Robert Malkin: MacGyvering Medical Gear

He is inspiring students to tackle urgent problems in the developing world

5 min read
Robert Malkin: MacGyvering Medical Gear
Photo: D. L. Anderson

It’s 1989. Five years after earning his bachelor’s degree in electrical engineering, Robert Malkin is designing cardiac pacemakers in Switzerland. It’s an important job, and he’s developing deep expertise and earning good money. But he’s unhappy. Very unhappy. “I decided I didn’t want to be an engineer,” he says. “Actually, I didn’t want to work anymore, period. I had a party, burned my time card, and disappeared into the sunset.”

Disappeared into the sunrise is more like it. Malkin headed southeast to Thailand, where he signed up with a YMCA-sponsored team that was trying to get poor Thai parents to stop selling their daughters into that country’s booming sex trade. “It was more or less sexual slavery,” says Malkin. “Despite being immoral and illegal, it was happening in large numbers.”

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Trilobite-Inspired Camera Boasts Huge Depth of Field

New camera relies on "metalenses" that could be fabricated using a standard CMOS foundry

3 min read
Black and white image showing different white box shapes in rows

Scanning electron microscope image of the titanium oxide nanopillars that make up the metalens. The scale is 500 nanometers (nm).

NIST

Inspired by the eyes of extinct trilobites, researchers have created a miniature camera with a record-setting depth of field—the distance over which a camera can produce sharp images in single photo. Their new study reveals that with the aid of artificial intelligence, their device can simultaneously image objects as near as 3 centimeters and as far away as 1.7 kilometers.

Five hundred million years ago, the oceans teemed with horseshoe-crab-like trilobites. Among the most successful of all early animals, these armored invertebrates lived on Earth for roughly 270 million years before going extinct.

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Damaged Hearts Next in Line for Powerful mRNA Therapies

COVID-19 vaccine technology now points toward repairing ravages of heart attacks

3 min read
Light and dark pink sections of a microscopic view of heart tissue

Light micrograph of a section through the endocardium, the membrane that lines the heart (across top), following a heart attack. Necrotic (dead) muscle fibres (across bottom) have stained a deeper red, but their nuclei no longer stain.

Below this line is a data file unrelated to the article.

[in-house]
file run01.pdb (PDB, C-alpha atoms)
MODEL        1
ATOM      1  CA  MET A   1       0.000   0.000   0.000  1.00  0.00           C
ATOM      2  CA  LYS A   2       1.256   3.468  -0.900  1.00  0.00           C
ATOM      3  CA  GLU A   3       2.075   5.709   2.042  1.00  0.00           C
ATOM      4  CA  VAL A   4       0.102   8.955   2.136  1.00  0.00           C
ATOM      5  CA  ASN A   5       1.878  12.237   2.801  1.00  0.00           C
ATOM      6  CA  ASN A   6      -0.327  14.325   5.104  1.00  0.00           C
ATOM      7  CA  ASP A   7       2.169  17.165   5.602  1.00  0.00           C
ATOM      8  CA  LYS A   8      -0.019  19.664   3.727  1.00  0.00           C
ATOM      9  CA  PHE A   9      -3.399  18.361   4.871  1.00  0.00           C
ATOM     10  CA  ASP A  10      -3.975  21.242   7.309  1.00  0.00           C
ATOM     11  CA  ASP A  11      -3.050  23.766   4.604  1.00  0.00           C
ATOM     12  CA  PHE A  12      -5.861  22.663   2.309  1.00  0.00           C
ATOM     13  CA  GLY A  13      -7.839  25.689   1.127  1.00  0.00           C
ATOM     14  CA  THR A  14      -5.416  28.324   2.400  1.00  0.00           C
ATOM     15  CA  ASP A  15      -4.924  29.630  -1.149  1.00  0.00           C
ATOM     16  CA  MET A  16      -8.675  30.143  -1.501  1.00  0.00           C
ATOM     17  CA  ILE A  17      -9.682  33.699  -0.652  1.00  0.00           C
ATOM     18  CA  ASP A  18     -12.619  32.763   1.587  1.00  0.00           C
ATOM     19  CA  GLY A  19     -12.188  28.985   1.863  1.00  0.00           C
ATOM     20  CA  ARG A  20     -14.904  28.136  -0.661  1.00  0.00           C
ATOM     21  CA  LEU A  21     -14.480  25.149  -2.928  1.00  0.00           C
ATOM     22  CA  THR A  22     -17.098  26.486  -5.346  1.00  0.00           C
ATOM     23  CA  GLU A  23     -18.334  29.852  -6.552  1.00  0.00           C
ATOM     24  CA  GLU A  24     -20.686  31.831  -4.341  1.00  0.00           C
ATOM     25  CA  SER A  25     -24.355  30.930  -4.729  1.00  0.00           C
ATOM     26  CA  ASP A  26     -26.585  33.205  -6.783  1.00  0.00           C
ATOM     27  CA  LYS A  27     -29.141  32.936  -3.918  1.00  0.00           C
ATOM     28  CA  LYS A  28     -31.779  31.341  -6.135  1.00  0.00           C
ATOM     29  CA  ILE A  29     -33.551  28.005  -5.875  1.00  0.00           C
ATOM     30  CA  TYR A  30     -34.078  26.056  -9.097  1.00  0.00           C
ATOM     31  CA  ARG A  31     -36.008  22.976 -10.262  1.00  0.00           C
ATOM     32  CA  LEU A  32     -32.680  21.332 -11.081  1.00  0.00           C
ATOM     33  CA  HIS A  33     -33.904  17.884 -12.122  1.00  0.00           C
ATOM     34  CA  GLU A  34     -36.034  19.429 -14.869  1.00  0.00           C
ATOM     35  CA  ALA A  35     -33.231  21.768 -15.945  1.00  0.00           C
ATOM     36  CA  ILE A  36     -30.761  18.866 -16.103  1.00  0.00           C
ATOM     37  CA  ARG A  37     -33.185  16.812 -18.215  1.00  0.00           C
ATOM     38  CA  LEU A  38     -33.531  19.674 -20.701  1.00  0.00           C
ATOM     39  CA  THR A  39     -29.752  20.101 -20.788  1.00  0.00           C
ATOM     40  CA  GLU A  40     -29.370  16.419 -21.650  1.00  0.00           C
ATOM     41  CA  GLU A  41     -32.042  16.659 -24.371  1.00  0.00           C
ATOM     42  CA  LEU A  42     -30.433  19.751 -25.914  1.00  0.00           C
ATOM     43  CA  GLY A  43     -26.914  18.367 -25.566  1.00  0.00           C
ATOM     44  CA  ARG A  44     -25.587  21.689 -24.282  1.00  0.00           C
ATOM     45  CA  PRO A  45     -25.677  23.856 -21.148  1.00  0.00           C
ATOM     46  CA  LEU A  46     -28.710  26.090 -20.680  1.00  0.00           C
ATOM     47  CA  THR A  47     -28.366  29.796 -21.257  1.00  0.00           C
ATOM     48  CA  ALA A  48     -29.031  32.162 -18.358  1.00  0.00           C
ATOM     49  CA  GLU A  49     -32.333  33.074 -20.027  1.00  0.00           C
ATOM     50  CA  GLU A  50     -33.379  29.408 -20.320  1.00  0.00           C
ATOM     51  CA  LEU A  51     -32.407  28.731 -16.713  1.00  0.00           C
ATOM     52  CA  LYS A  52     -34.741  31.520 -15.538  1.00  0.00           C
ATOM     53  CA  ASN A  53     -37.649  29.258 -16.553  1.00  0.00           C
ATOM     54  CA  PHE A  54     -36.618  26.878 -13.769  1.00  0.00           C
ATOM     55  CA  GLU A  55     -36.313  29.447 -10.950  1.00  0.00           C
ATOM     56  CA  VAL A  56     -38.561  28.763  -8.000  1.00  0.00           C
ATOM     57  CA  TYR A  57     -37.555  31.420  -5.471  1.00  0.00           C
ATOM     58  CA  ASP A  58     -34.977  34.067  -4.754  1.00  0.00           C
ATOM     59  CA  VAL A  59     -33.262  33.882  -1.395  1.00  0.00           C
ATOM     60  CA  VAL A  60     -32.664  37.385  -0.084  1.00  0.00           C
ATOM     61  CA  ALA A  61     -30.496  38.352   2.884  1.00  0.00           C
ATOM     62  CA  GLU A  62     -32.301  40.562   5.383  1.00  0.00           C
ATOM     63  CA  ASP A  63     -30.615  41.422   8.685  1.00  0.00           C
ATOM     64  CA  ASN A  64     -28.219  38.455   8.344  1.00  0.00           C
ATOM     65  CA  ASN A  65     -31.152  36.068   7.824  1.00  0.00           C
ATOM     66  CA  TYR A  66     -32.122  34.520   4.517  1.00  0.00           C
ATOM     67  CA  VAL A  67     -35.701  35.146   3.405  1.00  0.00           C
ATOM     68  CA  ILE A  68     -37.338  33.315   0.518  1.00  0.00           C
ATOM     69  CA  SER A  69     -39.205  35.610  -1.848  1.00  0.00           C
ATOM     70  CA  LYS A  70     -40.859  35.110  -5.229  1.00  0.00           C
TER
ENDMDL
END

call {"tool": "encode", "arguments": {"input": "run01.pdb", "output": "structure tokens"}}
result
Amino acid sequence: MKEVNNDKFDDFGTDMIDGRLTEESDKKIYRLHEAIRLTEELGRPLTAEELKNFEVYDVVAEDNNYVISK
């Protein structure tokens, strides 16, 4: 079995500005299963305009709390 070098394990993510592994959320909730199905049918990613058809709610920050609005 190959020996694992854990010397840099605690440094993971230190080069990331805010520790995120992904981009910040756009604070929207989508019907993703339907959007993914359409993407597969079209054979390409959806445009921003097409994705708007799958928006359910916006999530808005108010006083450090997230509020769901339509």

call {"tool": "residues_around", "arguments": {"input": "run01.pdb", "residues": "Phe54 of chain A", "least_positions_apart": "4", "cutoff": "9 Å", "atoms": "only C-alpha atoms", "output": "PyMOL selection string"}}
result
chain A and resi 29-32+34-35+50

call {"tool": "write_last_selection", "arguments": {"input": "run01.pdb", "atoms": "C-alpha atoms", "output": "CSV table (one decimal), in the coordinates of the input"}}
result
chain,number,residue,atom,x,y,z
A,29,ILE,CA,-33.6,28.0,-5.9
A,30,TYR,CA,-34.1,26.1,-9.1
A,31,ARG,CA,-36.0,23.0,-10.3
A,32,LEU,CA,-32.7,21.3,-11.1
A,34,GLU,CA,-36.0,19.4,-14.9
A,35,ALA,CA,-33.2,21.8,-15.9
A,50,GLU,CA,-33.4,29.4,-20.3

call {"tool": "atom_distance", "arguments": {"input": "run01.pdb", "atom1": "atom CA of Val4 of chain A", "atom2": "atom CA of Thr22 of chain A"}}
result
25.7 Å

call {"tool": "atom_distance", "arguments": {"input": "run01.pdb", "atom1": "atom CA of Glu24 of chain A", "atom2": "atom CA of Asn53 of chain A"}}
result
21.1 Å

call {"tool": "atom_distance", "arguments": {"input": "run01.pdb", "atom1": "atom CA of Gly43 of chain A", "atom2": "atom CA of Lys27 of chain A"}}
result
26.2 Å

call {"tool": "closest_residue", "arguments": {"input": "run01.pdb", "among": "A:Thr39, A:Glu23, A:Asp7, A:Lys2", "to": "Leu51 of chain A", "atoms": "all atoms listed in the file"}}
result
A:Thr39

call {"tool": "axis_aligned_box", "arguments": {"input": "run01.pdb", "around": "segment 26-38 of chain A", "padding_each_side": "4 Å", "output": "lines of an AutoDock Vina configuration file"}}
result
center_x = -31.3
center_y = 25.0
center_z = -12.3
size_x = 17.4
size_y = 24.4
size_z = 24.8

CNRI/Science Source

The messenger RNA COVID-19 vaccines, including ones made by Moderna and Pfizer, notched some famous successes and pioneered the use of mRNA technology along the way. Now, scientists are applying testing similar technologies as treatments for a variety of conditions, including heart injury. New research presented in April at the Frontiers in CardioVascular Biomedicine 2022 conference shows that mRNA can help heart cells regenerate after being damaged from a heart attack—and has the potential to be an effective therapy. Other recent research treating cardiac injury using similar approaches has also shown promise. Should these treatments be effective in people, they would be among the first to heal damage after a heart attack, which current treatments for heart attack don't really do.

“A real solution is not provided to the patient,” said Dr. Maria Clara Labonia, a medical doctor and Ph.D student at the University of Utrecht in the Netherlands who is the lead author of the study. “So many aims are towards new therapeutic strategies.”

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Modeling Microfluidic Organ-on-a-Chip Devices

Register for this webinar to enhance your modeling and design processes for microfluidic organ-on-a-chip devices using COMSOL Multiphysics

1 min read
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Comsol

If you want to enhance your modeling and design processes for microfluidic organ-on-a-chip devices, tune into this webinar.

You will learn methods for simulating the performance and behavior of microfluidic organ-on-a-chip devices and microphysiological systems in COMSOL Multiphysics. Additionally, you will see how to couple multiple physical effects in your model, including chemical transport, particle tracing, and fluid–structure interaction. You will also learn how to distill simulation output to find key design parameters and obtain a high-level description of system performance and behavior.

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